Bad and weird in the Middle East.
Topic: General News.
In an odd and worrying development, the Syrian interior minister Brig. Gen. Ghazi Kenaan apparently killed himself today.[AP
] Specualtion is that he felt the international UN investigation into the assassination of Rafik Hariri was going to name him as being behind the killing. Kenaan was the de facto ruler of Lebanon until the Syrians were forced to leave, so I guess there's something to that theory. Naturally, this is the Middle East, so there are also many rumors flying around, too. One is that he was killed because he knew too much and might name people higher up the line, which implys Bashar Assad has something to do with the Hariri killing. I haven't heard it yet, but you can be sure someone is out there right now blaming Israel. In any event, this suicide could be a very destabilizing to the whole region.
I'm not saying the Syrian regime is any great shakes, but at least its stable cxompared to what's next door, this should be viewed as a good thing for the short term, at least. The US is leveling tremendous diplomatic pressure on the Syrians and this investigation is going to come down like a ton of bricks on the regime. That fact coupled with the very unexpected suicide of Gen. Kenaan could blow the whole stability thing out the window. We've already got a very big problem with the Iranians meddling in the affairs of Iraq we don't need a basket case on the western front too. The Syrians are not supporting or arming the foreign fighters pouring into Iraq. They may be either, simply looking the other way, or they might be honestly attempting to stop them and just failing miserably, but they are in no way as dangerous to the entire project in Iraq or as involved as the Iranians and the Saudis are. What is left behind in the ashes of the Aliwite regime might be dangerous, though. A case in point is the Kurds in Syria.
I'm going out on a limb here, this is all wild speculation, but what would happen if the Kurds in Syria, after many years of being held down and discriminated against, decided to link up with Iraqi Kurdistan? What do you think the Turks would do about that? What would happen if Isreal decided to go ahead and take some more Lebensraum beyond the Golan when everything falls apart? What would Iran do in this situation? Hezbollah is right there, maybe they move into Syria and set up some facts on the ground of their own inside Syria? Or maybe, we move in to "restore order" and we are welcomed with open arms and roses. It could happen, right? News
just in: The Iraqi parliment has supposedly come to an agreement to amend the constitution in the early part of next year---this before it has been even voted on in the referendum on Saturday---to further hammer out the contentious issues preventing the Sunnis from hopping on board. Jeez...these guys can't even agree on what day it is, what difference is more rangling next year going to accomplish? A bridge Tal Afar? Redux
The AP is reporting yet another suicide bombing in Tal Afar today that killed 30. Yesterday another suicide bomber killed a similar amount also in Tal Afar. Last week the first female suicide bomber killed dozens in Tal Afar. I thought that after the great success of the joint American-Iraqi military sweeps of the area in and around Tal Afar had secured that part of the country. I seem to remember reading US military spokesmen saying this time Iraqi forces would hold territory taken in the various Euphrates offensives. It must be the run up to the elections that causing all this violence, doubtless it will all come to an end after the Iraqis vote on their new constitution on Saturday, that is, if the polititians ever agree on what the document will actually say.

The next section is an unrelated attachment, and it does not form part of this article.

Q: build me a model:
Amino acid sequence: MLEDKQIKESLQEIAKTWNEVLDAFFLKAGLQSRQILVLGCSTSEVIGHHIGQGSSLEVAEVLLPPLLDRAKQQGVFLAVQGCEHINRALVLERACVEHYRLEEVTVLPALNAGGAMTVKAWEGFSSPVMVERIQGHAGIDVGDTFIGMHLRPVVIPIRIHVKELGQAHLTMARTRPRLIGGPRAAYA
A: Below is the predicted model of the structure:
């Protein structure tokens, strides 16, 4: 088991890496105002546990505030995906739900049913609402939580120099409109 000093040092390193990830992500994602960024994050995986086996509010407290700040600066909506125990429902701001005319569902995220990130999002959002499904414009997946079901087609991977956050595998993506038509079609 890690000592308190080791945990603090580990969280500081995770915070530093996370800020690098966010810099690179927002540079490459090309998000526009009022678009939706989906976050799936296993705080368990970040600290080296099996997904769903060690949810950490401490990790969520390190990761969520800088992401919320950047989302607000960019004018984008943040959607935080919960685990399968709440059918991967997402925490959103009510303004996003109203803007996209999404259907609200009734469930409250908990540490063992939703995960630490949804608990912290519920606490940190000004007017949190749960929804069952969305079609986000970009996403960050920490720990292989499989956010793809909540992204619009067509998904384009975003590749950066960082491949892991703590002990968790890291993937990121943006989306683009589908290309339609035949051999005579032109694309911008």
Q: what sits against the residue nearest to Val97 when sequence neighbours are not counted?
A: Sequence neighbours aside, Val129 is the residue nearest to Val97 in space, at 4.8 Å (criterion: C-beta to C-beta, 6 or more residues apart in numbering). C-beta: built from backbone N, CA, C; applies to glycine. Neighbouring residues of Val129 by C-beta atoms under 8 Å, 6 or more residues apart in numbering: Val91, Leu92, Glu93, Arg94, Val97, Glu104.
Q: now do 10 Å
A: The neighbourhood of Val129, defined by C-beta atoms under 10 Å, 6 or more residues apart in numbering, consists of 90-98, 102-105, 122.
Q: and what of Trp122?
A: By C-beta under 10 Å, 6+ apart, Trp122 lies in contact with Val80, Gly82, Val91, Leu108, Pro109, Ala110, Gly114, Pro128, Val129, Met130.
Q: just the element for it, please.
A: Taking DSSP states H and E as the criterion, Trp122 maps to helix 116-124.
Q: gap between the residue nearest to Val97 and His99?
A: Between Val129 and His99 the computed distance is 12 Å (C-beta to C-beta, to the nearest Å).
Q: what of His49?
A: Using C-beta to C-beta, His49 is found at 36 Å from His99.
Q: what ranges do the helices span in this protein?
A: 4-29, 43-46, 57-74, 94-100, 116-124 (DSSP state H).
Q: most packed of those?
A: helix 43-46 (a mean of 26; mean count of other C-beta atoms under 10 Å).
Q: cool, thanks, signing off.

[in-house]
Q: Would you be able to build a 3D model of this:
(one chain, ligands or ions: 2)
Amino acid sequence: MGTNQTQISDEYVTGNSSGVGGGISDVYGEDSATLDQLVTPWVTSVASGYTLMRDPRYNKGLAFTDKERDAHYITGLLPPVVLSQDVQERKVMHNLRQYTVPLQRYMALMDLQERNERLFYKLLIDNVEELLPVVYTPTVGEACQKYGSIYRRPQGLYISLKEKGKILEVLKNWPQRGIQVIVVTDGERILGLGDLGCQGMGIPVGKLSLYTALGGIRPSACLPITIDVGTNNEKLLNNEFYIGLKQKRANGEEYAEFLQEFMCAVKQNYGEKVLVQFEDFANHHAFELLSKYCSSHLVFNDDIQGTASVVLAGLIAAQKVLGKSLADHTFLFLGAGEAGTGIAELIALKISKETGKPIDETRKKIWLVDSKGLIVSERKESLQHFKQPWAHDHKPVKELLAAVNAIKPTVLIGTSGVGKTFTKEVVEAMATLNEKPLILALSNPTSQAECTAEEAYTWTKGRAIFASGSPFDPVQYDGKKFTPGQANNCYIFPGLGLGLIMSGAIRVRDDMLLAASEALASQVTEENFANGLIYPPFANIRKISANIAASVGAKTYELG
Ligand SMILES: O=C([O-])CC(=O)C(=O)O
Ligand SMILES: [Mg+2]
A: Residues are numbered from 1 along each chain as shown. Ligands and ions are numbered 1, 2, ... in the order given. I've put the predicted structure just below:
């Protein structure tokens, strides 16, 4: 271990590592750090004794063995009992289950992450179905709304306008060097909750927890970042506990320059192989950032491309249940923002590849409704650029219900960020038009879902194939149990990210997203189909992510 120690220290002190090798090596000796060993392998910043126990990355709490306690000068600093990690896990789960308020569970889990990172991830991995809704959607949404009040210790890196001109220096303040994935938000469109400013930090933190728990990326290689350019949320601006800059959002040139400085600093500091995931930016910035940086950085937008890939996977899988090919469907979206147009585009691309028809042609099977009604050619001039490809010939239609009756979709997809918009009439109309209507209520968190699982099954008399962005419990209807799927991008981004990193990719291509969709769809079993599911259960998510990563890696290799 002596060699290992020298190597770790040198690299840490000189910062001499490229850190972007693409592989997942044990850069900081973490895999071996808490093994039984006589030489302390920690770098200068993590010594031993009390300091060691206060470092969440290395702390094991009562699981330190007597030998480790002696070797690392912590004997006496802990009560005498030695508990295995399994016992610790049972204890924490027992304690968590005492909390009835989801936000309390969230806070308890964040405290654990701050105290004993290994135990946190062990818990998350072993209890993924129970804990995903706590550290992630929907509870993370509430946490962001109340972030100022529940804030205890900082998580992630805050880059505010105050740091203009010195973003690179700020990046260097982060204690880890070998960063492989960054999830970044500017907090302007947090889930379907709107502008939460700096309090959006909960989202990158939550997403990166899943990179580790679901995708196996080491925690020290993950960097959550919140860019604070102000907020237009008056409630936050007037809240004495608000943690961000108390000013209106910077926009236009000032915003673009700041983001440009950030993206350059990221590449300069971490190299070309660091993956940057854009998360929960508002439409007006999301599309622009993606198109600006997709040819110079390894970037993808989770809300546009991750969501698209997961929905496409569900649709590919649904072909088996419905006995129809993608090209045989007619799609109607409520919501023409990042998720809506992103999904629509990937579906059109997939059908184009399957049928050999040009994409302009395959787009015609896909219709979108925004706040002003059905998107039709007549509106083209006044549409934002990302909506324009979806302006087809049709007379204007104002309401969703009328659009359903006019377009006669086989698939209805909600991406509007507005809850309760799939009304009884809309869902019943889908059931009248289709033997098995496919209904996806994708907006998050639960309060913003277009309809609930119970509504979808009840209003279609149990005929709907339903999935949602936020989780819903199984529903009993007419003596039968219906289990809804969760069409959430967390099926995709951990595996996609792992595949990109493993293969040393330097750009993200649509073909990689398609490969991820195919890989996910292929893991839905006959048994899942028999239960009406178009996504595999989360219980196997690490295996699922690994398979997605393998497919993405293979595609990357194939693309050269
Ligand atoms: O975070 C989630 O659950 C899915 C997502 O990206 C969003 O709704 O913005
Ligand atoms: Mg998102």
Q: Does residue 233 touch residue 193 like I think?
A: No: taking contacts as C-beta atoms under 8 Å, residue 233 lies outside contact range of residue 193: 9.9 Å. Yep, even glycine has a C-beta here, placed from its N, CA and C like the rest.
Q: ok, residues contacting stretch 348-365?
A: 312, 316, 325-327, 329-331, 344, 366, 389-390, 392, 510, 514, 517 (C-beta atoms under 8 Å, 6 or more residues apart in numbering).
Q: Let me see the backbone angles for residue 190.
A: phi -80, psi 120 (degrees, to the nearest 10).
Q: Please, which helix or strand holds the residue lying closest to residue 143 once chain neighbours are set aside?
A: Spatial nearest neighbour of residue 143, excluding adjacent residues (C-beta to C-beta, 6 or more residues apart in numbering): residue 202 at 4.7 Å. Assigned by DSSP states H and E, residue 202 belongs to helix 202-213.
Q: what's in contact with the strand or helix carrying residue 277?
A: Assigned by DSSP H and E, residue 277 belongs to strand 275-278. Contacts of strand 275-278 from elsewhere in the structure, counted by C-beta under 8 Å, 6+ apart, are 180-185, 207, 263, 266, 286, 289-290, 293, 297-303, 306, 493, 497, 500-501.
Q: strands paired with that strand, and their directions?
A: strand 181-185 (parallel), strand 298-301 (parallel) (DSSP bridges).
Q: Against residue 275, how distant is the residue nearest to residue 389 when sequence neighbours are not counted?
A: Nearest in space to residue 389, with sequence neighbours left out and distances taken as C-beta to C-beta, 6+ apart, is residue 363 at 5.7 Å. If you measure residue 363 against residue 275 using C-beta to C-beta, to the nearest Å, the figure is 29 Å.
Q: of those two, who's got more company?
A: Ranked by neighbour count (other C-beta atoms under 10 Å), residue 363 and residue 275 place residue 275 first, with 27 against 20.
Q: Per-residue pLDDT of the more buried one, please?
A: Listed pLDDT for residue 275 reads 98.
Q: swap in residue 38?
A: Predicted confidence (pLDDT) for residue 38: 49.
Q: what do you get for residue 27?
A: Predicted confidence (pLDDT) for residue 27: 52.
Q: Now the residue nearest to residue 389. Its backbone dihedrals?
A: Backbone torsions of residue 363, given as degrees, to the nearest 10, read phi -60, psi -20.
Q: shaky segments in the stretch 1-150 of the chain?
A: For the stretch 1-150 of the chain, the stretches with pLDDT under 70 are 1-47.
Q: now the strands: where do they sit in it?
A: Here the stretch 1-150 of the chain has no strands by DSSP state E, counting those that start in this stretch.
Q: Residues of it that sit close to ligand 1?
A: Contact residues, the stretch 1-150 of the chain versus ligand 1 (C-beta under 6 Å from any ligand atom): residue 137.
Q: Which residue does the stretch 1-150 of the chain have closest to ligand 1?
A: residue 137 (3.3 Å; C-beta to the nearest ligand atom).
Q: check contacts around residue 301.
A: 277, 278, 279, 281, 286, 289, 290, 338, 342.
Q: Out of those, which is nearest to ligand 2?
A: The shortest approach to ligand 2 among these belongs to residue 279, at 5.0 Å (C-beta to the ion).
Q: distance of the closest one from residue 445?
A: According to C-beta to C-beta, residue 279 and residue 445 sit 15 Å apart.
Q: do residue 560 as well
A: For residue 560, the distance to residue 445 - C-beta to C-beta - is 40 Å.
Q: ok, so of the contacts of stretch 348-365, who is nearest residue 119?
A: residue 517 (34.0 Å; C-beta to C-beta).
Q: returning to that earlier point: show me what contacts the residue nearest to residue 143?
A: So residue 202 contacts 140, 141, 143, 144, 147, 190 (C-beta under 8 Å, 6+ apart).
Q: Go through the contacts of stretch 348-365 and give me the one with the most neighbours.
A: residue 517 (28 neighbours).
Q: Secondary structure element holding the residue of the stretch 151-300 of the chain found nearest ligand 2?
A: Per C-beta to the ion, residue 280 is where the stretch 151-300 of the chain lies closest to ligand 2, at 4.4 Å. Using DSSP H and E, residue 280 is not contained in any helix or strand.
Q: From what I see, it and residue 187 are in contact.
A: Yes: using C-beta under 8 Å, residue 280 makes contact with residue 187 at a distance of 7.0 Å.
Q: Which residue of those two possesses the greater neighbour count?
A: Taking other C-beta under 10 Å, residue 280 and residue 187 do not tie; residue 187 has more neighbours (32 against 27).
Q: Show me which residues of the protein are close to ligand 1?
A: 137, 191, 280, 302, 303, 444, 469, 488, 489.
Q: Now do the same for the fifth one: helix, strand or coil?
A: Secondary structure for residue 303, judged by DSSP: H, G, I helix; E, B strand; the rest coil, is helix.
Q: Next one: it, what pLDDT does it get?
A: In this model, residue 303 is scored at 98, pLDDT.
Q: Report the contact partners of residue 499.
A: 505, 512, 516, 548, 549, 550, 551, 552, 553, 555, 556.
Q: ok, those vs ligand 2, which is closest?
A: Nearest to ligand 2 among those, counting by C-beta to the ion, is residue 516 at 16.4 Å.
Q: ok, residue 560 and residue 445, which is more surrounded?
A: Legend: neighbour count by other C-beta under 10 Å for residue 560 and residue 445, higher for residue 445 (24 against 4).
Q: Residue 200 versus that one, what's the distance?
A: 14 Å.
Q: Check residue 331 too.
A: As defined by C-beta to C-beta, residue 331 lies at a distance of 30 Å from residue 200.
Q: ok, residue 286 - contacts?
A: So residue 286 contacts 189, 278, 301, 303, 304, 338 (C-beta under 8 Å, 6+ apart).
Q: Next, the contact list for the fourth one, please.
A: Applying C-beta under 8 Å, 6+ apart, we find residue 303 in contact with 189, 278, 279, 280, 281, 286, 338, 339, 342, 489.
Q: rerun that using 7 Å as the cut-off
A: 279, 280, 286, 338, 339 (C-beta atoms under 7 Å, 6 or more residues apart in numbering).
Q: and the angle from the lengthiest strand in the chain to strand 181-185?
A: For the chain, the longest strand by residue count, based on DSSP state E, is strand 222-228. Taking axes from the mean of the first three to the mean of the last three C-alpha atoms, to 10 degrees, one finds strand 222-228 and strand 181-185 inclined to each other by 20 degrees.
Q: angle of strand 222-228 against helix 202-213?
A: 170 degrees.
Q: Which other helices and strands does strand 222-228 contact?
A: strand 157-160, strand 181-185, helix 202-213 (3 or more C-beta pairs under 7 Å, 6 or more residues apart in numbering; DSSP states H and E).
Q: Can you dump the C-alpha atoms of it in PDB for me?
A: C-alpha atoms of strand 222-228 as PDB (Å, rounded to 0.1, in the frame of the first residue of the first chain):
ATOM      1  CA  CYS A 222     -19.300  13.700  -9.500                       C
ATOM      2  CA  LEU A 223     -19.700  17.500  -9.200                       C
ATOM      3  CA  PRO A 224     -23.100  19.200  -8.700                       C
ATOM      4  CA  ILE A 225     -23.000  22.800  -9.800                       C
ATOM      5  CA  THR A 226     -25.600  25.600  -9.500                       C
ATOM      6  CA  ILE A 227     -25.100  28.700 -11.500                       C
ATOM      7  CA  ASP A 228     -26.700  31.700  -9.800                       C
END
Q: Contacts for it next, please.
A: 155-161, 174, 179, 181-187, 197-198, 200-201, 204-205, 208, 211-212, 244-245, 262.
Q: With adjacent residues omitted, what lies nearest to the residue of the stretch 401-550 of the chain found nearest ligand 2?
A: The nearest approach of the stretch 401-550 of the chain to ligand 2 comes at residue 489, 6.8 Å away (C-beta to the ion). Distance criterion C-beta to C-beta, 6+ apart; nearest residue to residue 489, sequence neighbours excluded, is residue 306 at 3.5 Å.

Reports are that the Iraqi parliament, if they can get a quorum, will vote today on a new set of last minute changes negotiated yesterday by the three parties; Shiites, Kurds and Sunnis. The hope, as always, is that enough Sunnis can be coxed into coming out to vote in order to make the whole process look legitimate. Good luck with that. How are the Iraqis going to know what the hell they're voting for if they keep moving the goal posts around? Oh, right, they'll be told how to vote by their tribal leaders.
It's not to say that everybody wouldn't like to have a stable government in Iraq and that the brutality and killing would end and we could get the hell out of there, but we stuck a big stick into a hive of angry wasps and now we're stuck. W. says he has a plan, but he hasn't told anybody what it is. Rummy said he had a plan and it was called victory, but he also said he knew exactly where the WMD was, too, so he's not much of a help. Progress in Afghanistan:
In any case, the theory that after a successful election the insurgents will see the errors of their ways and go away is being put to the test in Afghanistan and is looking a little shaky. From what I can tell the new Wolesi Jirga will have a lot of women, which is a good thing, and a lot of former warlords, which is a bad thing: chief among the worst of them is Gen. Abdul Rashid Dostum who will be a large part of the opposition that is estimated to control a bloc of 100 members in the 249 seat body. Things are still up in the air about what this new parliament will actually do and how it will operate, so the jury is still out, but there is no question that the Taliban didn't get the memo.
On the 8th of October a US soldier was killed after stepping on a landmine in Helmond province, in the south, bringing the number of total US troops killed in Afghanistan to 200. On the 10th, a suicide bomber killed 3 people in Kandahar and a US soldier was killed in a fire fight in the east of the country. Yesterday, a police convoy in Helmand was attacked by a large number of Taliban and 19 police officers were killed. The beat goes on and the poppies have never been more plentiful. The Guard and Reserve take it on the jaw:
On Sunday I was at a sports bar in Bucks County PA, watching my beloved Dolphins lose to the hated Bills, when a National Guardsman came into the place asking for donations for a fellow Guardsman who was, in his words, being sent to Iraqi "involuntarily." The donations were for the man's family who were in deep financial straits because of his deployment. What have we come to when our National Guard have to go around to bars asking for hand outs? The Guard and the Reserve in Pennsylvania are taking it particularly hard having lost over 100 since the war began. In the past three months alone they've lost 10, including Gennaro Pellegrini Jr.
a local Fishtown policeman who is dearly missed.
All the Guard and Reserve accounted for 56% of US deaths in August and September according to the AP